The future of cancer therapeutics could include a way to deliver tumor-killing radiation therapy to patients faster and with far less side effects. The emerging technique, called FLASH radiotherapy, has the promise to drastically shorten radiation treatment for patients with cancer.
FLASH radiotherapy is the fast delivery of ultra-high dose radiation a thousand times quicker than conventional radiotherapy. “Current radiotherapy treatments take close to a half-hour, so that the patient is immobilized for that period of time,” says leading radiation expert David Brenner, PhD, director of Columbia University’s Center for Radiological Research (CRR) and a member at the Herbert Irving Comprehensive Cancer Center (HICCC). “Rather than giving the treatment in a half-hour, FLASH radiotherapy proposes to give it in less than a second.”
Previous studies, using mouse lung and brain models, have indicated that by reducing the time interval for delivering a single dose fraction from tens of minutes to a fraction of a second, detrimental effects to normal tissue near the tumor can be reduced, or even avoided altogether, without sacrificing the effectiveness of the radiotherapy in eliminating the cancer. This novel approach was first presented by researchers at INSERM and the Gustave Roussy Institute in a 2014 paper published in the journal, Science Translational Medicine, that showed success of FLASH therapy in mouse models with lung disease.
“The idea of delivering this new type of treatment is that it would be very targeted,” says Simon Cheng, MD, PhD, assistant professor of radiation oncology at Columbia closely collaborating with Dr. Brenner on FLASH research. “With FLASH, we would be capable of giving higher doses of radiation to patients, which has the potential to be more effective treatment that is less toxic and given much quicker. For instance, instead of a patient having to go in for 30 to 45 daily treatments of radiation, they could complete their radiation in just a few treatments.”
Researchers from Columbia’s Department of Radiation Oncology, the HICCC, and CRR have established a team dedicated to FLASH radiotherapy research at Columbia—digging deep into the biology behind FLASH and working to uncover its underlying mechanisms. Ultimately, they want to answer the questions: Does FLASH radiotherapy work, and if so how does it work?
Drs. Brenner and Cheng are currently exploring whether FLASH radiation treatment affects the immune response as does conventional radiation treatment. Could FLASH radiotherapy lead to an even greater immune response in patients with cancer? Another area of interest that the Columbia team is examining is the role oxygen depletion plays in FLASH’s ability to kill targeted tumors while sparing adverse effects on surrounding healthy tissue. The latter is the subject of a forthcoming paper by Dr. Brenner and his collaborators, expected to appear in the journal, Radiation Research.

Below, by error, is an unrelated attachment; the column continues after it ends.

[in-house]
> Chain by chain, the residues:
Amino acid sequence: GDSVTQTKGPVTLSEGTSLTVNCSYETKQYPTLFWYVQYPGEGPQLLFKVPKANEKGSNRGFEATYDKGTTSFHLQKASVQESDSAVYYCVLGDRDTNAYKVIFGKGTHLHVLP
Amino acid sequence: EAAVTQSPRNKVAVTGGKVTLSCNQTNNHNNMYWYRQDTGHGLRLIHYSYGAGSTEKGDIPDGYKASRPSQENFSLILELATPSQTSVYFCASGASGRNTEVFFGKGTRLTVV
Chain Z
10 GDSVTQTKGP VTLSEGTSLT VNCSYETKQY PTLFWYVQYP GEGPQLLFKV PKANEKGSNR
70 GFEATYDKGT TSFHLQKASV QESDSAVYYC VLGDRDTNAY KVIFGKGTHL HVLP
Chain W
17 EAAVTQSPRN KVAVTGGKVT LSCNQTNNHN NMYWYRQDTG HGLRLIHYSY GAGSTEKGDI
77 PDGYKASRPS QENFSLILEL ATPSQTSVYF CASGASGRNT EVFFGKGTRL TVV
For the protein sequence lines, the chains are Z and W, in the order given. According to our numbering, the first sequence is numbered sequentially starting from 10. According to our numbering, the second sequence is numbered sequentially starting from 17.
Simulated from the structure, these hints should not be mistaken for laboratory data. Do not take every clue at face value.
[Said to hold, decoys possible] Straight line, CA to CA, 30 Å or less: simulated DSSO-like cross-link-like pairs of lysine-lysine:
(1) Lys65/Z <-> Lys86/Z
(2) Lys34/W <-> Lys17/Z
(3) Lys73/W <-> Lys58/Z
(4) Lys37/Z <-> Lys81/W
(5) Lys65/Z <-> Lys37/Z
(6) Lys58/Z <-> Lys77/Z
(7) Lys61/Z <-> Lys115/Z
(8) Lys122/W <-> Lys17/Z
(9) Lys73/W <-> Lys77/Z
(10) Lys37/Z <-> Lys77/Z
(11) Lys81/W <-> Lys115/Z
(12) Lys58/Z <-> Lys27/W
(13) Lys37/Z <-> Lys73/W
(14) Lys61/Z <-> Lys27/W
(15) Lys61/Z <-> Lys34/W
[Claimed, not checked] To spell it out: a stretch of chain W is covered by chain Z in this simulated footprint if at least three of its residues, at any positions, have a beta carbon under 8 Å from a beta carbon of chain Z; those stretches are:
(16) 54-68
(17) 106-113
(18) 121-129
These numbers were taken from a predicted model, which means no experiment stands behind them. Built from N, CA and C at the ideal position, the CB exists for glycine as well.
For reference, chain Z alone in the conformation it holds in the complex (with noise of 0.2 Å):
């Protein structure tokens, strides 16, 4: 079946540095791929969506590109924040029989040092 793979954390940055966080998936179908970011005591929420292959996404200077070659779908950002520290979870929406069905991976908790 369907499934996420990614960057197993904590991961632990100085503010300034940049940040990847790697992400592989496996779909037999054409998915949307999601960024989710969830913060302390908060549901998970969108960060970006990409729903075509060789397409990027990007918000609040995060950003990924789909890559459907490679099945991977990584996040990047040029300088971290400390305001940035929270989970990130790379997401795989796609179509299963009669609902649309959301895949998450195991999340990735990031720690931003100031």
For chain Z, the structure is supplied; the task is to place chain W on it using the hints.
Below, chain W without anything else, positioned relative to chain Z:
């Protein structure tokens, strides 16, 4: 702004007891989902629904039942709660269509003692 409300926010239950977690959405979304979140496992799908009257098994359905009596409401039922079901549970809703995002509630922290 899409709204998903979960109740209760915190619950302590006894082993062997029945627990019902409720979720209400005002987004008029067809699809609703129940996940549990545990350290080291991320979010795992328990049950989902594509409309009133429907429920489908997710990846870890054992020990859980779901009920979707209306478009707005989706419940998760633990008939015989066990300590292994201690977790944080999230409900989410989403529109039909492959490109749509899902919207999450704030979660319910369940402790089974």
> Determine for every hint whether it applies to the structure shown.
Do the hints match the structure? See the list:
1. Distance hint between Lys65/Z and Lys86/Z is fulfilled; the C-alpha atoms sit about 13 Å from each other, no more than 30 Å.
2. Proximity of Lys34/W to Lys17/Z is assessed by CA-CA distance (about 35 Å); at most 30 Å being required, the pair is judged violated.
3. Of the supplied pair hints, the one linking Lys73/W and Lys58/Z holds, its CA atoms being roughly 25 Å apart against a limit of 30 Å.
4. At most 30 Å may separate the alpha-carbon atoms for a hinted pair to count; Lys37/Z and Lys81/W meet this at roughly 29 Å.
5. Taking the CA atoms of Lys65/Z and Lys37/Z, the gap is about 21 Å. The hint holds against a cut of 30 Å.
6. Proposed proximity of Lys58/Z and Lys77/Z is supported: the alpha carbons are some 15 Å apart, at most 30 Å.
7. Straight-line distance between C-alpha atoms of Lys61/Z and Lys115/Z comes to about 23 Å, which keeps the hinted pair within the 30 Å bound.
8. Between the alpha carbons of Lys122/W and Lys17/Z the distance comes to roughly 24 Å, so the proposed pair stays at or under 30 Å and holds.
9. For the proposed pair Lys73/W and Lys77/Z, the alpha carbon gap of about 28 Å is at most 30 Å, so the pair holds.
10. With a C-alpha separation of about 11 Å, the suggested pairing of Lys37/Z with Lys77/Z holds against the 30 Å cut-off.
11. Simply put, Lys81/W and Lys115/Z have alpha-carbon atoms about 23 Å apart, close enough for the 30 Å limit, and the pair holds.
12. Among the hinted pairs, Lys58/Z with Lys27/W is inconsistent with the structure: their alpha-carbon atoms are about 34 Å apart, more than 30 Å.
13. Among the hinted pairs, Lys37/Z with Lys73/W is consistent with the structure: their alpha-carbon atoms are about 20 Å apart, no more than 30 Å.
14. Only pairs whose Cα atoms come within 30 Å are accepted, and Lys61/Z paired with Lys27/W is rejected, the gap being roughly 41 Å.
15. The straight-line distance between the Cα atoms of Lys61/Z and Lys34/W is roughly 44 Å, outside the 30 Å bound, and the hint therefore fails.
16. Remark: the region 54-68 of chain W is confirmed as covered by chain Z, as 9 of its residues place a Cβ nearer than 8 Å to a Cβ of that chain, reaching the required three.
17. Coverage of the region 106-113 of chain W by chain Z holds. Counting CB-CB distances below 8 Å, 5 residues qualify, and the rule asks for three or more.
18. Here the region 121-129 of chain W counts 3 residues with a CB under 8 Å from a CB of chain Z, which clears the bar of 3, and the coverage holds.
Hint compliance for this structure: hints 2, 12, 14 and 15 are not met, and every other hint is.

Columbia’s retrofitted machine to experiment with FLASH
In order to provide a tool for scientists to study the FLASH technique, a key challenge was to set up a linear accelerator (LINAC) equipped to conduct FLASH radiotherapy experiments in vivo in mice. With physicist Guy Garty, PhD, associate director of Columbia’s Radiological Research Accelerator Facility (RARAF), and the FLASH research team at Columbia, a decommissioned LINAC from partners at Weill Cornell and NewYork-Presbyterian has recently been re-engineered to conduct FLASH experiments in vivo in mice models.
“We’ve tuned the LINAC to be able to produce FLASH dose rates, and we have recently performed our first FLASH studies using mouse models,” says Dr. Brenner.
“An exciting new development is having the machine up and running at Columbia for in vivo studies, which is a significant advancement and has been a huge collaborative effort,” adds Dr. Cheng. According to the team, only a handful of machines configured for FLASH radiotherapy research exist in the world, including at centers at Stanford University and Lund University in Sweden.
While the technique is still in its infancy, Columbia is well positioned to help advance the understanding of FLASH and its potential to impact cancer therapeutics.
“Columbia has a rich and extensive history in radiation research,” says Howard Lieberman, PhD, a member of the HICCC and professor of radiation oncology in the CRR. “Together with our colleagues in the Department of Radiation Oncology, collaborative efforts will define the mechanistic basis for the radioactive effects of FLASH on normal tissue, the eradication of tumors, and advance the technology to a clinical setting for the treatment of cancer patients.”
“We are all very interested in this new technology, and it’s a very exciting idea,” says Dr. Brenner. “If it really works, it would revolutionize not only radiation therapy but could cause us to rethink other cancer therapies too.”
-Melanie A. Farmer